Consider Wolverine in this spring's X-Men Origins: Wolverine. He is a video game action hero defined in the game's marketing by his well known uniform, claws and attitude. He is defined in his game, however, in the manner so many game characters are: By the way he beats up the bad guys. Simon Belmont was the whip guy. Mario was the guy who jumped on other guys. Kratos was the guy with the butcher knives that could yo-yo from his wrists. Wolverine is Kratos all over again, a buzzsaw of blades that can slice close and far, thanks to the reach of his arms. Wolverine has some added moves: A lunge that can shoot our hero across a room like a short-range, sharp-tipped rocket; a two-tiered regenerative health system. Wolverine's button-combo moves list is 41 techniques long.
If there was a Best Approach To In-Game Killing award I'm just not sure Wolverine would get beyond the nominations circle and into the winner's podium. But if he and the game did, I'd hope that the Reflex system—my favourite element of his arsenal, aside from that lunge—would be considered a valuable contributor to the accomplishment.
The Reflex system may not be new. I hadn't experienced it before, but it doesn't seem so exotic that it couldn't have appeared before. This Reflex system, I would judge, is good. It is a system that makes Wolverine a more effective combatant against enemies he has fought multiple times.
The game has five meters that track Wolverine's reflexes. These tabulate the number of times he has fought guys with machetes, guys with machine guns, jungle mutants, robots and specialised military units. If Wolverine kills enough of any of those enemy types, the meter fills and Wolverine gets a bonus: He will now inflict greater damage on that enemy type.
That system felt right to me — so right that I hoped it or all of Wolverine's combat arsenal could be up for some sort of award so that it could be recognised for taking action-gaming in a good direction.
I'm used to characters that gain experience points and generally become more powerful, the more they kill anything and everything in their world (Wolverine has this kind of system in his game, too). I also appreciate the Ratchet & Clank approach which makes any gun become more powerful the more times it is used against enemies. Fable has a smart system, too, which splits the difference between those other two and makes broad aspects of a character—brawn, shooting ability, magic-wielding—improve the more actions in those categories are committed.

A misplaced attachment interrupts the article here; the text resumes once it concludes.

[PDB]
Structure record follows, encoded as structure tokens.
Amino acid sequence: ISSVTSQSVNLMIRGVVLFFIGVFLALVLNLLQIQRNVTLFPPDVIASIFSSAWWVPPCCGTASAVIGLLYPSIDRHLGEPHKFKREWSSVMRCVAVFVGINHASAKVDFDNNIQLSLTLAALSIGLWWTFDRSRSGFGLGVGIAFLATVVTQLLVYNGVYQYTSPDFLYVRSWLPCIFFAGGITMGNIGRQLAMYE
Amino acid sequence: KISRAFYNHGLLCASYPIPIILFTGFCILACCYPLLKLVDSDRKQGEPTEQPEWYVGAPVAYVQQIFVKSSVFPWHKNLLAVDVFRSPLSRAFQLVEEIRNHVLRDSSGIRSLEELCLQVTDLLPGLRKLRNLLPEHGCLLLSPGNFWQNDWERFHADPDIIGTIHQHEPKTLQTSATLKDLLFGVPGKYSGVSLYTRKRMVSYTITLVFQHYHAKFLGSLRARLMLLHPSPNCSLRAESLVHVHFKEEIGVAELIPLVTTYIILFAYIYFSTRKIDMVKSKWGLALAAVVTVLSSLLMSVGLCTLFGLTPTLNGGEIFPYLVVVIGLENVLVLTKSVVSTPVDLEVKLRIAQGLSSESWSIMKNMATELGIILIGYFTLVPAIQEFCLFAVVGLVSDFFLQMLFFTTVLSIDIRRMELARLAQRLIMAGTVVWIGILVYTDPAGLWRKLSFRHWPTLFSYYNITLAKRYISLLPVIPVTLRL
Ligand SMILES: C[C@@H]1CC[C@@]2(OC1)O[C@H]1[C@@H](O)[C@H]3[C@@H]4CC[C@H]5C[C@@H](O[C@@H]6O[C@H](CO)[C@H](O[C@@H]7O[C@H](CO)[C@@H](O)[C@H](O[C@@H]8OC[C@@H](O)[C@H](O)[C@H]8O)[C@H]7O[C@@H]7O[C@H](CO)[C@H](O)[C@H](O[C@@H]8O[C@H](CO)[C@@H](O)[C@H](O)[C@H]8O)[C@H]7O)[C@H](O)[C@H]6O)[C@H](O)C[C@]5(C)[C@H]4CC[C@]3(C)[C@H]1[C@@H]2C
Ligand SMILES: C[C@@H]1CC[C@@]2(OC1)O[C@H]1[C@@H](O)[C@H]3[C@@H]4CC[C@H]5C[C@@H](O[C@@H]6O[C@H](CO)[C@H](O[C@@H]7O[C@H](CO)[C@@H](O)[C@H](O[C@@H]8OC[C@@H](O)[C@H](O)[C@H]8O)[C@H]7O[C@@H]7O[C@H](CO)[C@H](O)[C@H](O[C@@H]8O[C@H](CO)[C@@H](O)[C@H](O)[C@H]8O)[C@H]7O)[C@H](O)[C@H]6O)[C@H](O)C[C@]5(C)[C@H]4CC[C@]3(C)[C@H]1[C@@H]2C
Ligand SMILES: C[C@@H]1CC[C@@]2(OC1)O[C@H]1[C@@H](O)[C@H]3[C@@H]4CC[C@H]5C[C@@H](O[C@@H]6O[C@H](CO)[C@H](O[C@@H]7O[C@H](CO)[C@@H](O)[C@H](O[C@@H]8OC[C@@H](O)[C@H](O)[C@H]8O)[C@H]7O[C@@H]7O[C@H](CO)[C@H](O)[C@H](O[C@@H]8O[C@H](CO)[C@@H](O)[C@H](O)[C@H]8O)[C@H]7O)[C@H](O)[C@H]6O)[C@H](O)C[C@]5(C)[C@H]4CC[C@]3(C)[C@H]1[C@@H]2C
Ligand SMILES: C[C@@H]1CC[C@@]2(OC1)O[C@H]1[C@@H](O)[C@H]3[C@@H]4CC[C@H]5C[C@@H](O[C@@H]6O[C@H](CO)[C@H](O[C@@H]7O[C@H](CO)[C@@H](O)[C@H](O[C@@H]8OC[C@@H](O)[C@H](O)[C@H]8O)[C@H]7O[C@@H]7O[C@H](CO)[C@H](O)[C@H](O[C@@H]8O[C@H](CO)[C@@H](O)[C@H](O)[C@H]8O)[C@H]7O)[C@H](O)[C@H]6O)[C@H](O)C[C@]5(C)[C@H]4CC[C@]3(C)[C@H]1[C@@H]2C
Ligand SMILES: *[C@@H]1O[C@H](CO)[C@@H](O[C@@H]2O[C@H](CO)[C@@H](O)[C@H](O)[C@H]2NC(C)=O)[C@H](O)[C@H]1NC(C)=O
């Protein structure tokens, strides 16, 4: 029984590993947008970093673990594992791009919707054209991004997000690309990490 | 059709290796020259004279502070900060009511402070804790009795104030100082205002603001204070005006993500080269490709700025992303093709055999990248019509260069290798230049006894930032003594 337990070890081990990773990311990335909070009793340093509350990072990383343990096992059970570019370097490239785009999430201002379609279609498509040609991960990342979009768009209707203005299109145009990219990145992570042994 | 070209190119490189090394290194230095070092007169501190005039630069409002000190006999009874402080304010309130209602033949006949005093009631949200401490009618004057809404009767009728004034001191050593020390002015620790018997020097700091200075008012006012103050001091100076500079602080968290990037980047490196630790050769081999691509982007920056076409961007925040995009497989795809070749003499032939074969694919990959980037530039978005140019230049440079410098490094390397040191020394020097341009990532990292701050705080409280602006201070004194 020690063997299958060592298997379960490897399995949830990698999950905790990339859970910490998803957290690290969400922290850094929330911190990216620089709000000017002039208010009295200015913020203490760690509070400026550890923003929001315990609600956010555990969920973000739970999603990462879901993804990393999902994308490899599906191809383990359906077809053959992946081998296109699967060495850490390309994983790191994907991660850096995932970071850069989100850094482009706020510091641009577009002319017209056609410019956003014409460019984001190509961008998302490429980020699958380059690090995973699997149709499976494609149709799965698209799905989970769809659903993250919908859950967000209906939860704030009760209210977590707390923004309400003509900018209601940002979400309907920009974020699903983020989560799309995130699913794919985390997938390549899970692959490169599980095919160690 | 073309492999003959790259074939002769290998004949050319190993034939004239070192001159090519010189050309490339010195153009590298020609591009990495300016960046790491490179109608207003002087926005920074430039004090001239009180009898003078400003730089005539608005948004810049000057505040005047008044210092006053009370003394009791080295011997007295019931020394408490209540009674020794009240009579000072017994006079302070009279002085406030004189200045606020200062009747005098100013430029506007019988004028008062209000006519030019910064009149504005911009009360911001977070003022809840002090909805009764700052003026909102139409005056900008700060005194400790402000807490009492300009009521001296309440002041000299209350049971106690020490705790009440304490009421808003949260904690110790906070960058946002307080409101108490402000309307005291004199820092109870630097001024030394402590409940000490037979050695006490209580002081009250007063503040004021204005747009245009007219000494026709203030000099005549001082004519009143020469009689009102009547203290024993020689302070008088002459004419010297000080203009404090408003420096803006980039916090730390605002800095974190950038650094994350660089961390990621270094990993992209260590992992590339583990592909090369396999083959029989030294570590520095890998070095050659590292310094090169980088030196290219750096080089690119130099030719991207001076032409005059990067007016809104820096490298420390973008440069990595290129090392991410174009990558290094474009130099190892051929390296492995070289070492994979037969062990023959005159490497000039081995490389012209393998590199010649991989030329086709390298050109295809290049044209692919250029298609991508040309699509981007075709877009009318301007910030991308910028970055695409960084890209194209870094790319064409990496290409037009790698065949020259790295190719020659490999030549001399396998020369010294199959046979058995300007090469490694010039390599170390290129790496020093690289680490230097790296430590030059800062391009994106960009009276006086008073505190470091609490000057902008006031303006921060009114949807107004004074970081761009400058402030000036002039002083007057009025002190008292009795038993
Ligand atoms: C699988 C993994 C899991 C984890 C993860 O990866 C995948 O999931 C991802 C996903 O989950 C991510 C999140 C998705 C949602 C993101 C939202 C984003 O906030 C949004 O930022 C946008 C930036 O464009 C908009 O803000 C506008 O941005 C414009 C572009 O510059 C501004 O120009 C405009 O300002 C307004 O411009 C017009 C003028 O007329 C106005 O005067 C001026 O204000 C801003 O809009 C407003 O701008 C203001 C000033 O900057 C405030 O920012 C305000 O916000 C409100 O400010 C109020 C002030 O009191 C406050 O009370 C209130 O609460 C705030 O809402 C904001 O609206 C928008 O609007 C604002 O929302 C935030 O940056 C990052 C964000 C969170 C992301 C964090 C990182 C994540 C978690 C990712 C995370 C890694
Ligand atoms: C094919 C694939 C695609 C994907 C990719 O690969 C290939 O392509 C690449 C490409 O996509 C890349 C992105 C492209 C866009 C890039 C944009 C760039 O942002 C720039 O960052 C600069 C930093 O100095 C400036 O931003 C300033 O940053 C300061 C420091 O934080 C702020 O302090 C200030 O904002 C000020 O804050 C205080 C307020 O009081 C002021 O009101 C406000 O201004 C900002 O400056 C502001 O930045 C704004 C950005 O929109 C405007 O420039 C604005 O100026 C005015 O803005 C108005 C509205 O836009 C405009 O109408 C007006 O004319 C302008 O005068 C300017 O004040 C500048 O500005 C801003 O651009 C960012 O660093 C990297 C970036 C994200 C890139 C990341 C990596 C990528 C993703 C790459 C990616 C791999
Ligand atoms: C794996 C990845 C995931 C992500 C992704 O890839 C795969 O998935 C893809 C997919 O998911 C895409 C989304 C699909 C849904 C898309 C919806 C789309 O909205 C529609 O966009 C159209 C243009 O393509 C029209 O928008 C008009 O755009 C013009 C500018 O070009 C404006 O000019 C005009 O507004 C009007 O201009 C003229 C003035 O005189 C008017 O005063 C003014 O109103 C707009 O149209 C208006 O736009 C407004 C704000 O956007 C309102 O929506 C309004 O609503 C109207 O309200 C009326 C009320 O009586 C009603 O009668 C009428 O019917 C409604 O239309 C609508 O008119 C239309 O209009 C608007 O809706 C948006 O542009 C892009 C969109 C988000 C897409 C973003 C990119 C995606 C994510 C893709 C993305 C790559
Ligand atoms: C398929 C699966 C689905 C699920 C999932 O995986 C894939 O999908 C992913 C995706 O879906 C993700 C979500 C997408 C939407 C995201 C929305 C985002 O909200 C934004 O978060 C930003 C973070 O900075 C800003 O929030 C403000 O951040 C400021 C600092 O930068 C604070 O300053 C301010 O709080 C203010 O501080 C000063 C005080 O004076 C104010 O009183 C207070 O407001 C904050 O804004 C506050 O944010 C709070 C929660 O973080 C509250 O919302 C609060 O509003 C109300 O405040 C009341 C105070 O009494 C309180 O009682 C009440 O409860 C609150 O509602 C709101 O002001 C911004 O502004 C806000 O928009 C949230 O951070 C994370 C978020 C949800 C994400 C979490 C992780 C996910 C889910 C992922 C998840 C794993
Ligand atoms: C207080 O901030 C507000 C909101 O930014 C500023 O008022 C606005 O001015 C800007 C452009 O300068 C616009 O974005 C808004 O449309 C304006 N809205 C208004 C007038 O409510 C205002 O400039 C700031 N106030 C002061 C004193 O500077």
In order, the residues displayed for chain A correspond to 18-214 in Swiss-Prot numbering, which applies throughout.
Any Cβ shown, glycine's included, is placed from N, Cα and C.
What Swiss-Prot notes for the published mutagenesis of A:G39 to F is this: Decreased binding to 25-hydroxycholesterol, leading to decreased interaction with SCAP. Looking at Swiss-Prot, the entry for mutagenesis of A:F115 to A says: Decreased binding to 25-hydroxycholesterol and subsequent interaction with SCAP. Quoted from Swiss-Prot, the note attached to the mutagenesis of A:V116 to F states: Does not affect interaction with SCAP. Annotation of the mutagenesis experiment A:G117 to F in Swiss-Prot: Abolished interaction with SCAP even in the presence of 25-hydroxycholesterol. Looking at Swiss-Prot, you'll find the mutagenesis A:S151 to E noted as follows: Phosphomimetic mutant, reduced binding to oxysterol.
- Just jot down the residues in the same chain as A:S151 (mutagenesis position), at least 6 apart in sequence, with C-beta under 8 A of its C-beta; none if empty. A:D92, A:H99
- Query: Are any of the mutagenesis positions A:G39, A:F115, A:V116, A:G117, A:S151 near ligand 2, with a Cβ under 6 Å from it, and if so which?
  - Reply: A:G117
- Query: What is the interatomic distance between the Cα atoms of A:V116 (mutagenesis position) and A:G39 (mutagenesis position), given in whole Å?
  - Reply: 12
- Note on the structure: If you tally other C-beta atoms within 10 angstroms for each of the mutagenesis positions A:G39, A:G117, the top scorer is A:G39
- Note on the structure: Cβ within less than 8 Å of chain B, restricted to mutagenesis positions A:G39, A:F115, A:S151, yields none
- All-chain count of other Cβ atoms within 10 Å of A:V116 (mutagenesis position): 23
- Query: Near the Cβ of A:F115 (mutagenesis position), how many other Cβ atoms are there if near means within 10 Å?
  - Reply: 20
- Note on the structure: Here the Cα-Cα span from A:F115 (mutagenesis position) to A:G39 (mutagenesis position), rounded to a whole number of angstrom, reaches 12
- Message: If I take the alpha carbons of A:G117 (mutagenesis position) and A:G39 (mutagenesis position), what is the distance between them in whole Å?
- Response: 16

But the Wolverine Reflex system—which, again, may have been in other games—feels natural to me. It feels like it operates within the physics of real life, where we get better at fighting ninjas the more we fight them, but not necessarily better at fighting pirates...where we become more comfortable talking to girls the more of them we find to talk to, but not necessarily better at talking to bosses or police officers just because we spoke to more girls.
The Reflex system also feels right to me because it feels like an apology for one of games' recurring limitations: A lack of enemy variety. We gamers are always orchestrating combat against a lot of repeated offenders. And while our heroes may become more effective against the whole lot of them as our skills improve and our characters level up, I must praise a game design team that explicitly rewards dealing with the repetition of a dozen more jungle mutants or 30 more killer robots. Wolverine should get better against the people and things he has fought so many times before.
I don't believe I have effectively argued the X-Men Origins: Wolverine deserves the academy's award for Best Approach To In-Game Killing, nor maybe even to Best Combat or Best Controls. I don't believe the game would be a shoe-in for any of those categories, though I would not protest if it was nominated. I wish it could be, because if awards help set standard, I want standards set ever higher for controls, combat and killing — not just for graphics, handheld gaming and sound effects.